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The writing on the wall

The recent protest outside the Prime Minister’s Office by activist group Kenniesa, supported by Occupy Justice, was possibly one of the most significant in years. They projected on the majestic Auberge de Castille the words “House of impunity” and “Who killed Daphne?” in very much the same way that Valletta 18 projected the flag of Malta in a night of extravagance to mark Valletta becoming a European Capital of Culture.

The protest was poorly attended and far less spectacular but it had far more meaning. No wonder, then, V18 chairman Jason Micallef was unamused. He thinks the Kenniesa abused democracy and says the protest was a vile, systematic and illegal assault on public monuments by a few dozen people. He even takes the government to task for showing weakness.

Those people outside Castille were protesting over the fundamental issue of rule of law and the murder of journalist/blogger Daphne Caruana Galizia. Presumably, Mr Micallef, a former Labour Party general secretary, does not think democracy is abused by the government inside Castille but by the conscientious people outside. So he deems a protest inside Valletta an abuse. He appears to think he owns the city.

It is people who make up this country not monuments. Monuments do not make a city, people do. And it is people who make democracy and Kenniesa spoke for many of them. There was no better place to hold their protest and their mimicking of the V18 celebrations was just sardonic humour at its best.

Prime Minister Joseph Muscat thought the crowds at the V18 celebrations were a reflection of national pride, in very much the same way as the musical Ġensna was once held as an icon of national identity. Governments do not create national identities and pride. The closest they ever come to doing that, some would argue, is when they declare war.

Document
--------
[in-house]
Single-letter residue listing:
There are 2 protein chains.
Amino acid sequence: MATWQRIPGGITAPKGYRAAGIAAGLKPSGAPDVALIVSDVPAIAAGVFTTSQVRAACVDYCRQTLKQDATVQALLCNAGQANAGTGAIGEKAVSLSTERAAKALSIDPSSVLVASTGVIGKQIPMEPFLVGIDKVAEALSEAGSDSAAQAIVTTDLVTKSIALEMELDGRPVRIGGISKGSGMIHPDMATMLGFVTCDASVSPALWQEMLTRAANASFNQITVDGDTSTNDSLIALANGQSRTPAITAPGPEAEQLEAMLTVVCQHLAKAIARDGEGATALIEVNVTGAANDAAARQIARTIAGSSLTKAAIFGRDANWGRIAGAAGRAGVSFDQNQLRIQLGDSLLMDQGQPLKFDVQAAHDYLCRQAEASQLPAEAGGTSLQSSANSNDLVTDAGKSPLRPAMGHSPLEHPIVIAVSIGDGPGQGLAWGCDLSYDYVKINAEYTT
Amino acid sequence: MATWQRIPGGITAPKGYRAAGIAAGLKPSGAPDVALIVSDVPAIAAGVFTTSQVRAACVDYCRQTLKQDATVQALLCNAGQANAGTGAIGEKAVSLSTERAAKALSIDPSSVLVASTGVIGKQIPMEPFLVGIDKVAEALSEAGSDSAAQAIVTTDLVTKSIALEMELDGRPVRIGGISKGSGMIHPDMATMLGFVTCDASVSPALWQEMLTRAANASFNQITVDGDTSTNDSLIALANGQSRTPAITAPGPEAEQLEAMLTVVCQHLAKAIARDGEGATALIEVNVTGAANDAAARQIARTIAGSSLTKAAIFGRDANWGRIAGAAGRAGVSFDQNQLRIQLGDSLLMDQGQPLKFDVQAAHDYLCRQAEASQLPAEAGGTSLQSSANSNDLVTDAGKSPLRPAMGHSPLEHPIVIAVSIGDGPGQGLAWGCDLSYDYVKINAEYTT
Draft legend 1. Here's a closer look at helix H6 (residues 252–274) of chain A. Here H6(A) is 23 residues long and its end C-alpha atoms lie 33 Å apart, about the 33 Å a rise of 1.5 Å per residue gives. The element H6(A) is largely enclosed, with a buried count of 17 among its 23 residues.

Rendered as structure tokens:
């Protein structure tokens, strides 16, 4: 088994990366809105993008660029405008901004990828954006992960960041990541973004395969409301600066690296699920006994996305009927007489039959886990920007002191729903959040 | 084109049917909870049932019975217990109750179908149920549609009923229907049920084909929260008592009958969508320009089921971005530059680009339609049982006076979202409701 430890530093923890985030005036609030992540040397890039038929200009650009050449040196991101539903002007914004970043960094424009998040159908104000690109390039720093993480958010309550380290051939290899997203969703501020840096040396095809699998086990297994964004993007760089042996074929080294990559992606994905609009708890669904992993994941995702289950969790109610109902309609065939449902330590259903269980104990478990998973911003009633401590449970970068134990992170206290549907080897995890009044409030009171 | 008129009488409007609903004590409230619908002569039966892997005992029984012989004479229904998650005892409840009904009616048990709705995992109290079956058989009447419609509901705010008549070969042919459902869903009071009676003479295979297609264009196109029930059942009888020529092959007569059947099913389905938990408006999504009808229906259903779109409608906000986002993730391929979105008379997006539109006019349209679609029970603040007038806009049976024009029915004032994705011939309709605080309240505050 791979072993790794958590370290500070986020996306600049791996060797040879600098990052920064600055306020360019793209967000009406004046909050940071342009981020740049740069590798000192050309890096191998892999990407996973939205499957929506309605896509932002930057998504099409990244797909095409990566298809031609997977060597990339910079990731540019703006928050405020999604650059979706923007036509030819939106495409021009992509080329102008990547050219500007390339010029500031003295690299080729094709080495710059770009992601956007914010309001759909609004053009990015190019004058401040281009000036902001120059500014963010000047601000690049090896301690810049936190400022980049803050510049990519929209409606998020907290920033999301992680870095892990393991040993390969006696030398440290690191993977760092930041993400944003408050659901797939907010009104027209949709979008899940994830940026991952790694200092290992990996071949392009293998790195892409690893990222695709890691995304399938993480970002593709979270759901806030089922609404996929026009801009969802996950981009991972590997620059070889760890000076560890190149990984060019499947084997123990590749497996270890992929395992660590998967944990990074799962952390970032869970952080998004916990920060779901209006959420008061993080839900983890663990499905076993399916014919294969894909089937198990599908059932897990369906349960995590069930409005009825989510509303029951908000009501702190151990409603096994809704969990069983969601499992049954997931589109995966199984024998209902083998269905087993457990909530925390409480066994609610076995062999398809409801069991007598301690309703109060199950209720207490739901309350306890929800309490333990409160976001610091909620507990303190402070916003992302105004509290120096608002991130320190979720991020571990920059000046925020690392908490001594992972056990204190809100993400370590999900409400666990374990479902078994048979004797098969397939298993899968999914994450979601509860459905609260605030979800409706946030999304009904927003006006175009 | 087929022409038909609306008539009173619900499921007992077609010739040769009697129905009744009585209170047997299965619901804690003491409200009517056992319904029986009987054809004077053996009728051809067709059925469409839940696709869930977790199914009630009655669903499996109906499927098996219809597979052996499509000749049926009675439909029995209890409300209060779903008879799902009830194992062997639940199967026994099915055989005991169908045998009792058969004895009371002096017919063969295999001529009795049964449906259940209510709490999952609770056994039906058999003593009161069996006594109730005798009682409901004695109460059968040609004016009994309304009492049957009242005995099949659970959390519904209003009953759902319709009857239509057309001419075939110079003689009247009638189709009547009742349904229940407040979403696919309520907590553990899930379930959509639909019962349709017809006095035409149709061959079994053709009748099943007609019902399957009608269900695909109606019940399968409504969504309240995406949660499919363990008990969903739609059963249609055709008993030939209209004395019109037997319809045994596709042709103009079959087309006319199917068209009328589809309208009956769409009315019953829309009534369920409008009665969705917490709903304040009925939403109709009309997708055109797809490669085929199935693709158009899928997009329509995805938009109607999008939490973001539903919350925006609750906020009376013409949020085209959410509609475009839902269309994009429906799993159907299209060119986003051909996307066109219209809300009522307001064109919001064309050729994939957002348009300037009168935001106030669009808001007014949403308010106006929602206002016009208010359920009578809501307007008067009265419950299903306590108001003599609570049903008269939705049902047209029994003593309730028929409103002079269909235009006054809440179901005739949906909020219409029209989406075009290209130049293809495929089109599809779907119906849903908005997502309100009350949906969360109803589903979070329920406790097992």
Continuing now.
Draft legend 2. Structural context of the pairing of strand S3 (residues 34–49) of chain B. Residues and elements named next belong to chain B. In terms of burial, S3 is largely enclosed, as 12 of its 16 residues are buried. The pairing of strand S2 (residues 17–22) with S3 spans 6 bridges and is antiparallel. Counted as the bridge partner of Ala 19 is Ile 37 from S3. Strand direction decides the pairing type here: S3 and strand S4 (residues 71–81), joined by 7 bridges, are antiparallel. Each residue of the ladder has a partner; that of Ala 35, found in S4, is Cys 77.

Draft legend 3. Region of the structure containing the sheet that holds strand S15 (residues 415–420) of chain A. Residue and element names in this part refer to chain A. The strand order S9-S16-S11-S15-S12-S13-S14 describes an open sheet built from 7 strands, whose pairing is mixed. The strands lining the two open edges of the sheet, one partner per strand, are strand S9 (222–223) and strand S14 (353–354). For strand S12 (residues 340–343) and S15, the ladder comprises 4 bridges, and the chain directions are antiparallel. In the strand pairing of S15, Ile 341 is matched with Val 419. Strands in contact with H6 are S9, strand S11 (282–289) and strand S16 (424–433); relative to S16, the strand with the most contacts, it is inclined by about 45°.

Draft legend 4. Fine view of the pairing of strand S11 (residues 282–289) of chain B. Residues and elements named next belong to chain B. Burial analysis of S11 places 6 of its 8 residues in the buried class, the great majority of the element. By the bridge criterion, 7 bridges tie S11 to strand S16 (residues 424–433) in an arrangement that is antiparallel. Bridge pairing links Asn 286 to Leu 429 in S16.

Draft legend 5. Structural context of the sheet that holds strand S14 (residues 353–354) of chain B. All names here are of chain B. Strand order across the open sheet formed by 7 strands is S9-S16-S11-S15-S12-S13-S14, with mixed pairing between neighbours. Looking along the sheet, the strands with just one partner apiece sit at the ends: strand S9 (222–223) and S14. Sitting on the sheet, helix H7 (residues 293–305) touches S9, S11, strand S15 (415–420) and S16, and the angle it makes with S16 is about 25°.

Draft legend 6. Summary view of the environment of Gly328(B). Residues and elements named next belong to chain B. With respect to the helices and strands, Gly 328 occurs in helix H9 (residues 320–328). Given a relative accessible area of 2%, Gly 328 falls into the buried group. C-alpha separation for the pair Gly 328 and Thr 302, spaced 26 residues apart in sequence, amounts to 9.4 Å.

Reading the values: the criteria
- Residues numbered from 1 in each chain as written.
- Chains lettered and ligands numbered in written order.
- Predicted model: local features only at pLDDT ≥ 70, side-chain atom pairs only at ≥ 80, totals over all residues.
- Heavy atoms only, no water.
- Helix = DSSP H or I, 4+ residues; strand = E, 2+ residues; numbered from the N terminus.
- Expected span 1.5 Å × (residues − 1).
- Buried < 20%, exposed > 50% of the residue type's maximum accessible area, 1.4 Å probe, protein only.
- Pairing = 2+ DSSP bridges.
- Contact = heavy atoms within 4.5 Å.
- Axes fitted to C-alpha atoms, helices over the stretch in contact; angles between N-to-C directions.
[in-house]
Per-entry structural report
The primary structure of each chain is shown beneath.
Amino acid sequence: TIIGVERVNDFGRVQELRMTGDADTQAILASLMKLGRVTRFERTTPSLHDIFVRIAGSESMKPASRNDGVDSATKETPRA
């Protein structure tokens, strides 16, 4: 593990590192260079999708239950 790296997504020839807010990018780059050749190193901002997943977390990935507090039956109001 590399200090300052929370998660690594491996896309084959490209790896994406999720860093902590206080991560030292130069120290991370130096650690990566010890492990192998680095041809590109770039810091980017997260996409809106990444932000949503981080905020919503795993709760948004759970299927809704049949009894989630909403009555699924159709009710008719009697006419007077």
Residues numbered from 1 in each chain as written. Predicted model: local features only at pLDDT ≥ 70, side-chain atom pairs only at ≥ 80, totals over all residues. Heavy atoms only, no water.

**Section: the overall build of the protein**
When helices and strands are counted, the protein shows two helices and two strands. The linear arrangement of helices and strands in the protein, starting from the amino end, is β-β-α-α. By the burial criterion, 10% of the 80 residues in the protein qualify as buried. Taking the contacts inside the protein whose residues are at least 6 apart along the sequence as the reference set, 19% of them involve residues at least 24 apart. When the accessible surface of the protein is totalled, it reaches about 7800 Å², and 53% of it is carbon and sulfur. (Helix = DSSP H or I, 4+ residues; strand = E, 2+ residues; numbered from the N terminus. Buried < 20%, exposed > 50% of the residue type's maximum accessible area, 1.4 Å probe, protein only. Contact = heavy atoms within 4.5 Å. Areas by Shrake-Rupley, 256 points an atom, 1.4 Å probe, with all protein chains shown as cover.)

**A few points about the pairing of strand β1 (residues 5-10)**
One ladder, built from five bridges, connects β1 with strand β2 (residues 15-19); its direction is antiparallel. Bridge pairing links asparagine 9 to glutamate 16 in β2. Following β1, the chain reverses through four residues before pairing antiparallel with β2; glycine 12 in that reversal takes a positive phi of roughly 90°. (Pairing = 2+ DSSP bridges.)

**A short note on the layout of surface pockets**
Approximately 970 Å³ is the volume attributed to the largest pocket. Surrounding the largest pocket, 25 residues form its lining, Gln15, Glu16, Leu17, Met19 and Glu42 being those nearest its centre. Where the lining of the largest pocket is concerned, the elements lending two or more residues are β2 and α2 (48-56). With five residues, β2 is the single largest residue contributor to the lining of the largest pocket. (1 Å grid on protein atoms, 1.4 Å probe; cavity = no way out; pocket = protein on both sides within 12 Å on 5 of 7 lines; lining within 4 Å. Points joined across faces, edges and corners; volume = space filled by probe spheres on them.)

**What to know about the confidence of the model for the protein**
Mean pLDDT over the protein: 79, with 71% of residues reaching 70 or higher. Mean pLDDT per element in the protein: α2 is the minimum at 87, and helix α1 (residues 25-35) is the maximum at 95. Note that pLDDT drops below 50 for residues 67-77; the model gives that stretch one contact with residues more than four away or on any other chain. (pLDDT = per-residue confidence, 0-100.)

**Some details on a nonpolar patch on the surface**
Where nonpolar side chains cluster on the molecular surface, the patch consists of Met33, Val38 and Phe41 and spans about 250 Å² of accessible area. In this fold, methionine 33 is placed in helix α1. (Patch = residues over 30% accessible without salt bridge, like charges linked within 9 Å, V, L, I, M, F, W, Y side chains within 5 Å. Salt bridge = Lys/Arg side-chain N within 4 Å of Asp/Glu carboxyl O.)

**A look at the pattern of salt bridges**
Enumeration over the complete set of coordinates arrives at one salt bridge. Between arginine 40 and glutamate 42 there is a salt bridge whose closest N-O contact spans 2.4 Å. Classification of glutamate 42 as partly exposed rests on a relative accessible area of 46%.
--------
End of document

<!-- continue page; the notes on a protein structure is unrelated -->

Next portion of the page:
Mr Micallef is now on the ‘warpath’, possibly flushed by the success of crowds that ended up stranded and in search of buses home after the taxpayer-paid party for V18. He has waded into the debate on whether there is to be a monument/memorial to Ms Caruana Galizia opposite the law courts. He said in no uncertain terms that he was against it.

He has a right to object to the idea and he probably would not be alone. It is a democracy we live in – even if a threatened one – and he would not be ‘abusing’ that democracy when he exercises his right to freedom of expression in the same way that the Kenniesa and Ms Caruana Galizia did not.

As V18 chairman, Mr Micallef’s more immediate priority should be how to stop vandals defacing the ‘popular’ art he wants put up around the city. The makeshift memorial to Ms Caruana Galizia, on the Great Siege monument, a memorial he also dislikes, is not one of his art pieces but is far more significant than that. It symbolises all that is wrong with this country.

The flowers and messages at the memorial come from a people who care, who cannot put up anymore with the degenerate state of the country. Mr Micallef and the Labour members of the Valletta local council would do well to keep their hands off that makeshift memorial. People are already angry.

This is a Times of Malta print editorial

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